For these vehicles, Gottlieb Daimler made the crucial improvement not only to the drivetrain, but to the engine itself. Instead of a hot tube ignition, the new low-voltage magnetic ignition from Bosch ignited the petrol-air mixture in the cylinders of the 2.2L two-cylinder engine, and the radiator had a completely new design.
According to reports, Gottlieb Daimler – probably because of the large number of innovations – was cautious at first before presenting his new five-tonner to the public. The vehicle which was highly modern at the time underwent "Customer testing" which is how the test procedure would be called today. For months, he subjected his new five-tonner to the daily grind of work at a brick factory in Heidenheim, and he painstakingly remedied the shortcomings it showed.
Selling & Showing Off the First Daimler Truck
The first purchaser of the first truck came from the home of industrialization: England. There, steam-driven vehicles had long since made the shift from rails to the road, and did not die out until the 1950s.
It was a good thing that the Red Flag Act was abolished in 1896, according to reports from Daimler. Nevertheless, it was not until 1901 that a truck proved itself to be superior to a contemporary steam-driven wagon in a comparison test carried out in Liverpool.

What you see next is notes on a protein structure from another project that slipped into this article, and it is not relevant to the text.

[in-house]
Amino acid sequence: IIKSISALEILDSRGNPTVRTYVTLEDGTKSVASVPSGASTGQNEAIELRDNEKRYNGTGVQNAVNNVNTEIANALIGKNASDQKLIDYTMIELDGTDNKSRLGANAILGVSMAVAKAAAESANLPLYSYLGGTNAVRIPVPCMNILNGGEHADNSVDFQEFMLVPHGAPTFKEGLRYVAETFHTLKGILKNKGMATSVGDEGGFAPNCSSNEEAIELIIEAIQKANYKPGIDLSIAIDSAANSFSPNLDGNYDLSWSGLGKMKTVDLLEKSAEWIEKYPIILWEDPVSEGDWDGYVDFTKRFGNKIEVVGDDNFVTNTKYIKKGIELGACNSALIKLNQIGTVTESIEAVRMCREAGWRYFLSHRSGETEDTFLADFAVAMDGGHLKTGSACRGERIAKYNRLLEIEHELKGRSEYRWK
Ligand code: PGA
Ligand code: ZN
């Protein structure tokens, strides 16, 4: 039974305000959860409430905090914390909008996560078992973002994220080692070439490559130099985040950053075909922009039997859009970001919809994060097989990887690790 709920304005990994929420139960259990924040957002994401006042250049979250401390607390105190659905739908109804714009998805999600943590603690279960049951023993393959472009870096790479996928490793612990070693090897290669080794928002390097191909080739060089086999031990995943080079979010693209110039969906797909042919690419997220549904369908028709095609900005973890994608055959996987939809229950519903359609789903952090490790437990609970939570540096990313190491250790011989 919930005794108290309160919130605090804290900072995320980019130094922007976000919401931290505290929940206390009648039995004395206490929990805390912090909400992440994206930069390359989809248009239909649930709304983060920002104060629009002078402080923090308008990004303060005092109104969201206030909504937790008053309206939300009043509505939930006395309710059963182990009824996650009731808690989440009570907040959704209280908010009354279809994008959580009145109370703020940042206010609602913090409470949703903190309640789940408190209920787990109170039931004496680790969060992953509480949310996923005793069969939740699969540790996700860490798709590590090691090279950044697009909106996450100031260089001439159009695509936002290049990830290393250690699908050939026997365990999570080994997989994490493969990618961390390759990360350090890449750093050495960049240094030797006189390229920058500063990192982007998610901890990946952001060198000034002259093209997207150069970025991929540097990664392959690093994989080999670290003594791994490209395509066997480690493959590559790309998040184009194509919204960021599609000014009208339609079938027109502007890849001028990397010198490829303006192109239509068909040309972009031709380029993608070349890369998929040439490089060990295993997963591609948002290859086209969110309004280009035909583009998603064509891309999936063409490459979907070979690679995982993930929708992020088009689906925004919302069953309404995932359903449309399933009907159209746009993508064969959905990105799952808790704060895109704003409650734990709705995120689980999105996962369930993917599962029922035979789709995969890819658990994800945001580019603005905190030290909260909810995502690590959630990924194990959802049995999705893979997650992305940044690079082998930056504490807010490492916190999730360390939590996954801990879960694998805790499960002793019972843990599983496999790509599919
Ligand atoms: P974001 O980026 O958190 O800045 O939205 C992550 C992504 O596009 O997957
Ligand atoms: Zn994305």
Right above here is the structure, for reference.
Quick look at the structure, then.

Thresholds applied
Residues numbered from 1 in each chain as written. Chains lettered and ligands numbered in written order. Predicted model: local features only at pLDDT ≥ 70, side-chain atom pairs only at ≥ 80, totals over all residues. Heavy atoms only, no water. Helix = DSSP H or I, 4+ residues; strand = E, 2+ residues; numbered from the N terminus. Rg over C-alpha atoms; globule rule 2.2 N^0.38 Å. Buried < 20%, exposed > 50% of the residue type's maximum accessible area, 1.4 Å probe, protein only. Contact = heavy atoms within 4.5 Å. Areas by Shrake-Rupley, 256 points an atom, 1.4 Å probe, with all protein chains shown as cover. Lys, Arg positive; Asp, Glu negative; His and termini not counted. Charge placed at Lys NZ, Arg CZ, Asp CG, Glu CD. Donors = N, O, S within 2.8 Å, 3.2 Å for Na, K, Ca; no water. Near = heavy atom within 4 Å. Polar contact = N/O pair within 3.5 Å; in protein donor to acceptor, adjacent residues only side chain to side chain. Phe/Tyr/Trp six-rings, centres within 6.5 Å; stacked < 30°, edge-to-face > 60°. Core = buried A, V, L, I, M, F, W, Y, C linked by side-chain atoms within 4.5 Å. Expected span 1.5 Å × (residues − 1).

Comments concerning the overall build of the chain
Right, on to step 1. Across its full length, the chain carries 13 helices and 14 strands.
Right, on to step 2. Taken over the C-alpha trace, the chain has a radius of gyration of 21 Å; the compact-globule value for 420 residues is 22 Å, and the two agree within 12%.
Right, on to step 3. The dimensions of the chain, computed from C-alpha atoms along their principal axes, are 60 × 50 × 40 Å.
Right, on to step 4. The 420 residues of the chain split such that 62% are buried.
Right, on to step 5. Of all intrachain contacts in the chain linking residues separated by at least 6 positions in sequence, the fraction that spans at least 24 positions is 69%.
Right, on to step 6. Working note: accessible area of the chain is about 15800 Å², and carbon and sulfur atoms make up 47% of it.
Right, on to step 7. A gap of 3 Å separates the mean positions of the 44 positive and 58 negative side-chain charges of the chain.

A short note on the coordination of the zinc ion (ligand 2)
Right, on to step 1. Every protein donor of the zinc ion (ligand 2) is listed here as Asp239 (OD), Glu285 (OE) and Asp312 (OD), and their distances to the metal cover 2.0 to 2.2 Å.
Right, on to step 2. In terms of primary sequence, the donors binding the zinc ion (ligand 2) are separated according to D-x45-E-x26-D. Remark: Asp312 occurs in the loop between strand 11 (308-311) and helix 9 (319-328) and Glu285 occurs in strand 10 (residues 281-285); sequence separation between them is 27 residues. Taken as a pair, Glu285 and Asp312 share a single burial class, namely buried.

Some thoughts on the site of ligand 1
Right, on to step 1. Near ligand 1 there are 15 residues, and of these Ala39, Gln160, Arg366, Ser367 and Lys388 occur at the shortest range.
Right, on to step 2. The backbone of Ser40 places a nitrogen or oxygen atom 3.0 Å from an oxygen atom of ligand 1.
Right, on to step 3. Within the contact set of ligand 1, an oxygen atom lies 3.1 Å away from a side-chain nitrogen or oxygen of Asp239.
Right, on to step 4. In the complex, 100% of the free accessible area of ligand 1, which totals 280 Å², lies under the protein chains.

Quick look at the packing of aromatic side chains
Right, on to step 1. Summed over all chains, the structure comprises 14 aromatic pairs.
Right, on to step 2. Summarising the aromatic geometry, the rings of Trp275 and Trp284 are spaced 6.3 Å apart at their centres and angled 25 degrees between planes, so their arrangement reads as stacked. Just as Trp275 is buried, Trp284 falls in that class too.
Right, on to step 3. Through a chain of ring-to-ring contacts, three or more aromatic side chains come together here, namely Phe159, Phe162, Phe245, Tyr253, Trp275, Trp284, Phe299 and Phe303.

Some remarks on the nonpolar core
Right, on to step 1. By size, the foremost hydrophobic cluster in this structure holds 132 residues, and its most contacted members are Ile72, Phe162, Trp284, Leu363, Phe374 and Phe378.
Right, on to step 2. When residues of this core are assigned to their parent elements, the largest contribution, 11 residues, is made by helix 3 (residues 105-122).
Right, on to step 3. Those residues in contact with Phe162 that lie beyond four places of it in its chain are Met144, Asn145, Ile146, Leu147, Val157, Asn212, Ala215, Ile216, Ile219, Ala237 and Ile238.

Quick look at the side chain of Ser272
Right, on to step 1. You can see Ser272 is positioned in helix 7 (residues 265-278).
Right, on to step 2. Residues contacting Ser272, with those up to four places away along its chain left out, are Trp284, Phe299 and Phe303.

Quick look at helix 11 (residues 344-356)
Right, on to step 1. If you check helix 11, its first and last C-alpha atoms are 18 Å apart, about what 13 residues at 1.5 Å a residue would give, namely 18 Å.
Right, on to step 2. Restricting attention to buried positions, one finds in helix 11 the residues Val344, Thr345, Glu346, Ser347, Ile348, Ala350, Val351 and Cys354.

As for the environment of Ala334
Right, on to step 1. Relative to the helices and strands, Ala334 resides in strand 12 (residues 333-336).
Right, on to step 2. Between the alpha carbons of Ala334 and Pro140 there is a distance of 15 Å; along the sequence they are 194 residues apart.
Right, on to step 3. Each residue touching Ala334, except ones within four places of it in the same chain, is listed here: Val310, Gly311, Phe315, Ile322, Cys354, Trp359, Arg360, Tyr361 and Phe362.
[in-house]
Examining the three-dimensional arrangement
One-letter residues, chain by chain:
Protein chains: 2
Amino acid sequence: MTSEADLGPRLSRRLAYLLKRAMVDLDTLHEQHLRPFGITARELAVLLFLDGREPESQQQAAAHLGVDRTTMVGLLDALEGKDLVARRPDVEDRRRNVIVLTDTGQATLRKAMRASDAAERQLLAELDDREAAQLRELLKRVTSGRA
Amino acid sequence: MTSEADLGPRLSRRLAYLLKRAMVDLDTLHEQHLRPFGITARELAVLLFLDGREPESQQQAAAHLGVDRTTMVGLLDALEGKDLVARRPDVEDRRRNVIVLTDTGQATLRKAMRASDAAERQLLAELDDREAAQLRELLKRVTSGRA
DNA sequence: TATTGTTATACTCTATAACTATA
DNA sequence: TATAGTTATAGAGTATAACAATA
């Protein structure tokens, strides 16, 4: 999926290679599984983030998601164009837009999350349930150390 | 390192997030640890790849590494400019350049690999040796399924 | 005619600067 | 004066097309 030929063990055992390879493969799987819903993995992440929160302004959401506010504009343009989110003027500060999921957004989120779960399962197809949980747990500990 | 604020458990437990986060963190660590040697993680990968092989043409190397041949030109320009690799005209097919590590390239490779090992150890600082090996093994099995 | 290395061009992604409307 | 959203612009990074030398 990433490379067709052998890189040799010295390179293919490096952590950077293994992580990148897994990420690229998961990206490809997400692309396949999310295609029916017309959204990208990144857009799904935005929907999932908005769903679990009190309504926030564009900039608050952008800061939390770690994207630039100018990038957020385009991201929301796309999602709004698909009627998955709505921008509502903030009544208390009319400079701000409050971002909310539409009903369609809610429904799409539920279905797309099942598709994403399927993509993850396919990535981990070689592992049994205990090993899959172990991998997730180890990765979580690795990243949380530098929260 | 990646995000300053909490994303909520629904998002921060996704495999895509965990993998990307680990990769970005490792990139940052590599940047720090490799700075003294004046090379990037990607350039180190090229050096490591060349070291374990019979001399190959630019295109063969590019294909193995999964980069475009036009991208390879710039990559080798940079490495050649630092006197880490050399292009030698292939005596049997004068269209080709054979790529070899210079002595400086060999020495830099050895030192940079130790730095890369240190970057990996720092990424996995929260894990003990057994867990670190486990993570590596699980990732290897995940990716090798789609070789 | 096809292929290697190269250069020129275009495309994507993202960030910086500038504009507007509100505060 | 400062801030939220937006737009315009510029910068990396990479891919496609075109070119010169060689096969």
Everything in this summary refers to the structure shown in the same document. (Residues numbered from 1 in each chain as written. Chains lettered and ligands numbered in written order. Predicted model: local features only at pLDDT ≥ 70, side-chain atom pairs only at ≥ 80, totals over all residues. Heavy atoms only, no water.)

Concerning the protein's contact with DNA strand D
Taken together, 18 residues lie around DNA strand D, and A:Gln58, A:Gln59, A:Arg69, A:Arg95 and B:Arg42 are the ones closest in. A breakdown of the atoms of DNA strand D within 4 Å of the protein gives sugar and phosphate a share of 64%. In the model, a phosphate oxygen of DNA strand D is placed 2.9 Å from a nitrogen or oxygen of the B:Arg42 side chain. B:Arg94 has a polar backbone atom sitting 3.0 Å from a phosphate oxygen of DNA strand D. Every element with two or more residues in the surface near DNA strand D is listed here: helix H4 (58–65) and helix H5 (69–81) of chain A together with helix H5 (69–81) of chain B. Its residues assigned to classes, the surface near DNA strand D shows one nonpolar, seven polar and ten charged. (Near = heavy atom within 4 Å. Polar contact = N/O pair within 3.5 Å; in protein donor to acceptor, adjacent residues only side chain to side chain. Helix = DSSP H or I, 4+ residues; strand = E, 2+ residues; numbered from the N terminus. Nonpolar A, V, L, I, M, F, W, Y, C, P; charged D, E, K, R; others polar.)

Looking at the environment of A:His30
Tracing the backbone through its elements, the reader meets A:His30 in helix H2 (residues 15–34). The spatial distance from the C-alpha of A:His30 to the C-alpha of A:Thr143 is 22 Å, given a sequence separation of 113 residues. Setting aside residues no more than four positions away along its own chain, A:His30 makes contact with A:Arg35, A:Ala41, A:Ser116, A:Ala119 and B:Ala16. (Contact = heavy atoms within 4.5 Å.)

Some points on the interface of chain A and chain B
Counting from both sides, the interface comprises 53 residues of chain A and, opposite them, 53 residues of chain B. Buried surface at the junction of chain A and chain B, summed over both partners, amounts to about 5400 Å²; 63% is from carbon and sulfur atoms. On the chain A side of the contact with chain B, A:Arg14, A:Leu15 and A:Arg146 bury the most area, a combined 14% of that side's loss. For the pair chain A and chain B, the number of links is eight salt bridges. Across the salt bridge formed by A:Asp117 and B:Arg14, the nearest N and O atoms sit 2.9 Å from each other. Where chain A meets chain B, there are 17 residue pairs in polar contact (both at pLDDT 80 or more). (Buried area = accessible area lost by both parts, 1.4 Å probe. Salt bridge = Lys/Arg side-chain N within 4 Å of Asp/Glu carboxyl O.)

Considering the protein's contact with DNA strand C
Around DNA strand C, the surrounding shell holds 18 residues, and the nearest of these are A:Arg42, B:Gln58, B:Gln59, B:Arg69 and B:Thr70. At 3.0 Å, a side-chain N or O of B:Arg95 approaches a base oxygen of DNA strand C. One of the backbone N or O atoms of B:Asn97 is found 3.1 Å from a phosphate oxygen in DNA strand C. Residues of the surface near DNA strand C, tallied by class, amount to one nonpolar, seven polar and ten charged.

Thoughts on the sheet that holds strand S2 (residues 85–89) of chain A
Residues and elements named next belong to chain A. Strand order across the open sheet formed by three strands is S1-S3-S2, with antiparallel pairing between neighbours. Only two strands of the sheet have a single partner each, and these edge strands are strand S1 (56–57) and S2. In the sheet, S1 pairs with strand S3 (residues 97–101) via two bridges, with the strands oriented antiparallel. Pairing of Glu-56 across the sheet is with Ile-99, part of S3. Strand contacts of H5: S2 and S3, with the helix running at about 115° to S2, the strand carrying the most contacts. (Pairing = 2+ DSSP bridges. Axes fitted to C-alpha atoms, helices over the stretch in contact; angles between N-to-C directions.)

The Daimler truck was a welcome guest in Paris, too. Gottlieb Daimler undertook the long journey to vibrant Paris to publicise his new product at the world exhibition. There, an automobile show was held in the Tuileries park, following a contest organised by the Automobile Association of France on the subject of "motorised vehicles for city travel"; at the exhibition, Gottlieb Daimler presented his new five-tonner and a four-horsepower-strong belt-driven vehicle.
"Huge crowds of people, many vehicles of all kinds and our truck are very popular," Gottlieb Daimler's wife Lina noted with satisfaction in June 1898.
The Daimler Manufacturing Company (DMFG) was an American production company from 1898 to 1907. From 1888 to 1898, the company was known as the Daimler Motor Company (DMC), founded as part of a partnership between Gottlieb Daimler of the Daimler-Motoren-Gesellschaft and William Steinway of the piano manufacturers Steinway & Sons. The company, with its headquarters in Long Island City, Queens, New York City, close to the headquarters of Steinway in Astoria, sold Daimler engines for yachts and launches as well as for commercial vehicles such as buses and trucks.
Growth: A Second-Generation of Trucks
The second generation of Daimler Trucks manufactured from 1899 to 1903 consisted of new basic types with a payload of between 1.25 and 5.0 tonnes, for which two- and four-cylinder engines from four to twelve horsepower were sufficient.
In detail, the almost complete range of the DMG in 1905 comprised: light vans with three payload classes from 500 kg 1000 kg to 1500 kg payload, powered by two-cylinder engines with eight to sixteen hp. Four-cylinder engines with 16 to 35 hp powered the heavy-duty class with 2- to 5-ton payload.
Originally posted on Work Truck Online